Plants belonging to the Meliaceae family have long been used in folk medicine. Antiviral, anthelmintic, anti-inflammatory, antiparasitic, immunomodulatory, anti-ulcer, antirheumatic, healing and antioxidant activities, among others, have been reported (Mackinnon et al., 1997; Bray et al., 1990; Nunes et al., 2003; Omar et al., 2003; Lagos, 2006; Matos, 2006; Paiva et al., 2006; Shi et al., 2006; Resende, 2007; Valmorbida, 2007; Akhtar et al., 2008; Gouvêa et al., 2008; Nebo, 2008; Lima et al., 2009; Nayak et al., 2010). The anti-inflammatory and antirheumatic properties of some members of this family, such as Azadirachta indica A. Juss., Melia azedarach L. and Cedrela tubiflora Bertoni, have been explained by their action on the immune response (Benencia et al., 2000).

Genus Trichilia

The Trichilia genus was described by Browne in 1756, and comprises 71 species distributed in Tropical America, Africa and the Indo-Malaysian region, of which 47 species occur in Brazil (List, 2010; Pennington et al., 1981; Sakuragui et al., 2012). Belonging to the Meliaceae family, it has the largest number of species in the family and also the most anatomical characteristics of the Meliaceae family. The main secondary metabolites isolated are limonoids. On the site The Plant List it can be seen that there are 485 names of species of the genus Trichilia; however, among these there are 92 species unresolved, 286 synonyms and 107 species accepted. In the Missouri Botanical Garden (; MBG) the classification found is 192 genus for the Meliaceae family and for the Trichilia genus there are eighteen legitimate species, sixteen illegitimate species, twelve valid species and 328 species accepted. The data presented in The Plant List are based on the WCSP (World Checklist of Selected Plant Families) and differ from the MBG, which features 374 species in total compared to 485 on The Plant List (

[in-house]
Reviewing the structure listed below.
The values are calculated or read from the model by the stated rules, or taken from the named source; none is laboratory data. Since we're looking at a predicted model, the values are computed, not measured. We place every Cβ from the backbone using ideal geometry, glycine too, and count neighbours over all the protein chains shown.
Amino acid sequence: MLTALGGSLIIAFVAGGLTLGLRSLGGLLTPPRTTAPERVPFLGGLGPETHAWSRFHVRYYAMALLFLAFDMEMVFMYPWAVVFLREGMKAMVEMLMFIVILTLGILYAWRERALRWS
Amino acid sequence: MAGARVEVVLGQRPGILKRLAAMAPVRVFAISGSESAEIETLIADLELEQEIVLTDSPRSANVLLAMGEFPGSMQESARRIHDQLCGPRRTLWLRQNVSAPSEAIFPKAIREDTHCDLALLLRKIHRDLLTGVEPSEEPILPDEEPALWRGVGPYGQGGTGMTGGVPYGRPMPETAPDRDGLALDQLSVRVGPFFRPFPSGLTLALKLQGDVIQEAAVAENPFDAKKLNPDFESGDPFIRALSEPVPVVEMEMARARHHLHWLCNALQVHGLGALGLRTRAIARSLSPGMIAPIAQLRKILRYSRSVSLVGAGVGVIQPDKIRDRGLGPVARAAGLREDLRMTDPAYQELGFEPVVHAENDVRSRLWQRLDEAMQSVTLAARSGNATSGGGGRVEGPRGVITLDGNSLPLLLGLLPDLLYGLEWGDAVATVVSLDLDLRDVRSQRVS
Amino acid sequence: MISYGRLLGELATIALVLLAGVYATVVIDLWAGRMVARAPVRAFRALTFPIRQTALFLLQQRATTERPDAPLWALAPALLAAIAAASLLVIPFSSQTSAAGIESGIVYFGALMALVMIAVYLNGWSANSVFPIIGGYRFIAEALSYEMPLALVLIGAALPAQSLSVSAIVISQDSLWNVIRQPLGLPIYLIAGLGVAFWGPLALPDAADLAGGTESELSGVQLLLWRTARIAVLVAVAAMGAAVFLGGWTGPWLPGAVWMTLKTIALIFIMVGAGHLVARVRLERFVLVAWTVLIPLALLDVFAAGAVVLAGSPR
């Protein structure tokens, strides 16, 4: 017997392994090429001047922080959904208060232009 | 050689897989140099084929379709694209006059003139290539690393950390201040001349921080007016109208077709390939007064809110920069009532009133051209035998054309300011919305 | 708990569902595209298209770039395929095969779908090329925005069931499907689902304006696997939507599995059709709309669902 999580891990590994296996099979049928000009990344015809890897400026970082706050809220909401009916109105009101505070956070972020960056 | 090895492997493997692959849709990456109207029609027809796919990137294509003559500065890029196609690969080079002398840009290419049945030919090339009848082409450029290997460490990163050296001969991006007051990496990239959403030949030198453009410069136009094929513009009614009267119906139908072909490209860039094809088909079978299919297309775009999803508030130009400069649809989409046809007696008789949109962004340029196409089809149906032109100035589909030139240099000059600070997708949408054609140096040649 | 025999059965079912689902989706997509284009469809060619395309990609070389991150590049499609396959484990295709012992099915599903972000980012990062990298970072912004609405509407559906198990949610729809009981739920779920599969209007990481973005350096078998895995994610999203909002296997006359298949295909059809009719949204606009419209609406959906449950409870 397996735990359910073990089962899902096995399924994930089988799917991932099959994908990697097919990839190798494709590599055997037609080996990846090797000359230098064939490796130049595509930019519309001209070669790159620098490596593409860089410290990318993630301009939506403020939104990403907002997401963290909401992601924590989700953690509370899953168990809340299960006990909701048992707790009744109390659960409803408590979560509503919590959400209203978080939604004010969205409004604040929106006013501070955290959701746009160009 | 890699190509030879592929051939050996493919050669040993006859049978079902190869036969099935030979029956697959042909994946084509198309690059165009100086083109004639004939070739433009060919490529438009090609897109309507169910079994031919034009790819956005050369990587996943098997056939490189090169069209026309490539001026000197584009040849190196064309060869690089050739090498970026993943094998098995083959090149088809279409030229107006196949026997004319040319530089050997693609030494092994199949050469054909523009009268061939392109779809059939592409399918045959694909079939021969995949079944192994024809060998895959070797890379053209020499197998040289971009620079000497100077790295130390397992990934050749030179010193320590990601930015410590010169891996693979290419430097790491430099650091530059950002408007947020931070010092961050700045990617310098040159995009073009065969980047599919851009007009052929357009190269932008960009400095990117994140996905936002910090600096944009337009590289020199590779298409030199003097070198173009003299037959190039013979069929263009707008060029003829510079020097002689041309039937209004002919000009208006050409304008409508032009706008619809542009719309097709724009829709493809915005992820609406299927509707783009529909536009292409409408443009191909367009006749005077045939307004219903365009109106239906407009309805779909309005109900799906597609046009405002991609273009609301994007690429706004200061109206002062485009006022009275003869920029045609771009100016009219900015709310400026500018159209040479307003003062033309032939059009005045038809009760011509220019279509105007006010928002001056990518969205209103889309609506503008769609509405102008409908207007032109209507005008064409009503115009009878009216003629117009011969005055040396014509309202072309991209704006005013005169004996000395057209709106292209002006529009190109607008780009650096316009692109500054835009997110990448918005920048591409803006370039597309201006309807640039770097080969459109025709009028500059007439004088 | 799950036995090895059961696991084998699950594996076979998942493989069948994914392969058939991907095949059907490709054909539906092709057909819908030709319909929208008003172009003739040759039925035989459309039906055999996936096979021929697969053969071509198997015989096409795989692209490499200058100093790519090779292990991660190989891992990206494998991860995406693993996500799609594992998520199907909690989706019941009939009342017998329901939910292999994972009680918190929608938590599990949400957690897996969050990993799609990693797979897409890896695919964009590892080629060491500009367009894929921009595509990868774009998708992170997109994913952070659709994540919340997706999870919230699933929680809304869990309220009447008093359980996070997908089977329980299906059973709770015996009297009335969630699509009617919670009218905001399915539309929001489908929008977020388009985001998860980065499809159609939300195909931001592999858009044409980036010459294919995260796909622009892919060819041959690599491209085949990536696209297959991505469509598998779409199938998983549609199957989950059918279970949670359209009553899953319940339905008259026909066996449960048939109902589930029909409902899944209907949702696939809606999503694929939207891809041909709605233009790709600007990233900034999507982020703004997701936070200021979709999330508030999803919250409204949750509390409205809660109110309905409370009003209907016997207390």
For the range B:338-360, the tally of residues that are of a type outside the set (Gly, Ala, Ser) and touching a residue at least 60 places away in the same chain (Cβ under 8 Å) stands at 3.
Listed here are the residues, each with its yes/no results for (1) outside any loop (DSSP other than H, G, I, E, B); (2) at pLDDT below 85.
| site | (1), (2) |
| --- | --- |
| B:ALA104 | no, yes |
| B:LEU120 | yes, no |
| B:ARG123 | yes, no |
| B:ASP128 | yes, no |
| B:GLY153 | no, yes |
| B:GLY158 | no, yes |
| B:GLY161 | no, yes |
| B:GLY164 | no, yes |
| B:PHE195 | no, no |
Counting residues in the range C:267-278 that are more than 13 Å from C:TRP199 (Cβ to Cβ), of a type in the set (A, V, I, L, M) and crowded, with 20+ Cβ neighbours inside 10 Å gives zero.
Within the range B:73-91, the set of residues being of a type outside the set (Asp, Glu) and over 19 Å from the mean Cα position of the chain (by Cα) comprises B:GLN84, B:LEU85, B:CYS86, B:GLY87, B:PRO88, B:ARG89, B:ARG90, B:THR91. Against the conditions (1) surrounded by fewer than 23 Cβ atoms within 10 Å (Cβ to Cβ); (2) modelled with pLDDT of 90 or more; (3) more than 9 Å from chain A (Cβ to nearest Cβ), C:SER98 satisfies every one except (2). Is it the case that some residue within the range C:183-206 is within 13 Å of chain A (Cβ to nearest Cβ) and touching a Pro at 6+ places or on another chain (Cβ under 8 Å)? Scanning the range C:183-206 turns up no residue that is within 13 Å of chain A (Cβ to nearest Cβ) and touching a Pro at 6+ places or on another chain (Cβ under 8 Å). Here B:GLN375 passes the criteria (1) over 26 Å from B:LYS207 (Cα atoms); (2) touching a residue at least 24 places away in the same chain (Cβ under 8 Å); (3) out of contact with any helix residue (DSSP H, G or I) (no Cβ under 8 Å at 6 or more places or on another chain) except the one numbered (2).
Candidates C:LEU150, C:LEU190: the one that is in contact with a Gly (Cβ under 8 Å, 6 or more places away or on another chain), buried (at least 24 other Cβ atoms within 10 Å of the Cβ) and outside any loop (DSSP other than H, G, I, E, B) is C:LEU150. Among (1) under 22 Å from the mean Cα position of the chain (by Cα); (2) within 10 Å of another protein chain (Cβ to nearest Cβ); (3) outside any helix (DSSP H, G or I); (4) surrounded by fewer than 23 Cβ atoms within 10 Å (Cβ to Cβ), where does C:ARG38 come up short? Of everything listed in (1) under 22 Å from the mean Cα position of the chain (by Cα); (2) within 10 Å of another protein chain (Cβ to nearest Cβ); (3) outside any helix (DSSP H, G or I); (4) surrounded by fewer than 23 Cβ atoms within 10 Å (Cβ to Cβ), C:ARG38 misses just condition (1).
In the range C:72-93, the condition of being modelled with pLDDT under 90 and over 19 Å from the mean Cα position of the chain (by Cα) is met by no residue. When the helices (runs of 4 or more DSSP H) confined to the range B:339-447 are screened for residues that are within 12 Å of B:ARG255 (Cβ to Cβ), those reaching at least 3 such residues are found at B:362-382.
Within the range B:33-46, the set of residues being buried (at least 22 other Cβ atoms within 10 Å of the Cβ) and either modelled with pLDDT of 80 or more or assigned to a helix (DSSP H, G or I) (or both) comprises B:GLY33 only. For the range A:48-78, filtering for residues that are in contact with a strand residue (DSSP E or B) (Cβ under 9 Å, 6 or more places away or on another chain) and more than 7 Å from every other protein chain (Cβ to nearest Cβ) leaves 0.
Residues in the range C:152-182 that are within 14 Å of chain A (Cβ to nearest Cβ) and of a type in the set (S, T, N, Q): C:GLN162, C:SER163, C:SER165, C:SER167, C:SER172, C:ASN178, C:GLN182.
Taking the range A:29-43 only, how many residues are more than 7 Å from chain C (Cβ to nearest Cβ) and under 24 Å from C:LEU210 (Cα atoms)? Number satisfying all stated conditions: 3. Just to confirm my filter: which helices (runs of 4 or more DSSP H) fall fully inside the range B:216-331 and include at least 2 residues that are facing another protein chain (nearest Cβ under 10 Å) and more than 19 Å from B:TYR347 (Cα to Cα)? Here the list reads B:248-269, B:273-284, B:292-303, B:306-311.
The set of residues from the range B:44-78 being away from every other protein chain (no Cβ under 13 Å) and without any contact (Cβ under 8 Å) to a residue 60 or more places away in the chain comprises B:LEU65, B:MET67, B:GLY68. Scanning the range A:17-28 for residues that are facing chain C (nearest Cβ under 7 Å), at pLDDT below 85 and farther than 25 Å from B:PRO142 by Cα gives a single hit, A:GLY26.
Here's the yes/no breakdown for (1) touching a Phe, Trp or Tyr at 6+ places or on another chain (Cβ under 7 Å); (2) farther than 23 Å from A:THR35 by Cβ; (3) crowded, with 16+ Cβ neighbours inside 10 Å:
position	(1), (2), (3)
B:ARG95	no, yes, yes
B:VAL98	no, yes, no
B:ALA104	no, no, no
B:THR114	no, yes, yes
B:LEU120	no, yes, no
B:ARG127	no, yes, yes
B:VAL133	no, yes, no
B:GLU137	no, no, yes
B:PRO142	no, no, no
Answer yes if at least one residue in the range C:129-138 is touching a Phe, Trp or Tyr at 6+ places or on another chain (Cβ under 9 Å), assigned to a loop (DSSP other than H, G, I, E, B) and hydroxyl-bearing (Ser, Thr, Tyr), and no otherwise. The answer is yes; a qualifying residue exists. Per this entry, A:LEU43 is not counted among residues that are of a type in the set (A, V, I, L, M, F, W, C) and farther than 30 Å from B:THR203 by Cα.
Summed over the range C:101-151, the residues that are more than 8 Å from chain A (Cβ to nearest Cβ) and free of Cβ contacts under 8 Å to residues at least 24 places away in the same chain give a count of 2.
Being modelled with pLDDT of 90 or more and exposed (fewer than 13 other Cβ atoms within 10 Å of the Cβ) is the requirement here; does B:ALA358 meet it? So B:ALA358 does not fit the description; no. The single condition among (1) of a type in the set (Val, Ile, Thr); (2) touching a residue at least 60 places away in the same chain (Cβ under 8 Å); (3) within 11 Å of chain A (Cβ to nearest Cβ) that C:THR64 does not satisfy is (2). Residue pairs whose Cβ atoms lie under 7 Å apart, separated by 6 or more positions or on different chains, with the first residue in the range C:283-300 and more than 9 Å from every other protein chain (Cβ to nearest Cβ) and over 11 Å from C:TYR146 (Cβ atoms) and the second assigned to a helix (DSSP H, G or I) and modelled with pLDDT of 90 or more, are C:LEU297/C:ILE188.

Many species of the Trichilia genus are noted for possessing biological activity, mainly insecticide. These and other activities are summarized in Box 1.

Box 1 Biological activities observed in some Trichilia genus. 

Species Biological activities References
T. americana (Sesse & Moc.) T.D. Penn. Antifeedant and toxic activity against the larvae of Spodoptera litura. Wheeler and Isman (2001)
T. casaretti C. DC. Antimicrobial activity against strains of Staphylococcus aureus, cytotoxic activity in Artemia salina Leach and evidence of antitumour activity. Almeida et al. (2009), Figueiredo (2010)
T. catigua A. Juss. Insecticidal activity against the caterpillar of cartridge-of-corn (S. frugiperda), affecting larval development, pupal weights and larval mortality.
Trypanocidal activity against epimastigotes and trypomastigotes forms of Trypanossoma cruzi.
Relaxing effect on rabbit corpus cavernosum.
Antidepressant-like effect and improvement of memory in mice.
Antinociceptive, anti-inflammatory, antiarrhythmic and antioxidant actions.
Antibacterial activity against gram-positive such as Bacillus cereus and Staphylococcus aureus, and gram-negative such as Escherichia coli and Pseudomonas aeruginosa.
Antiviral activity against poliovirus type 1, bovine herpes virus and poliovirus in HEp-2 cells.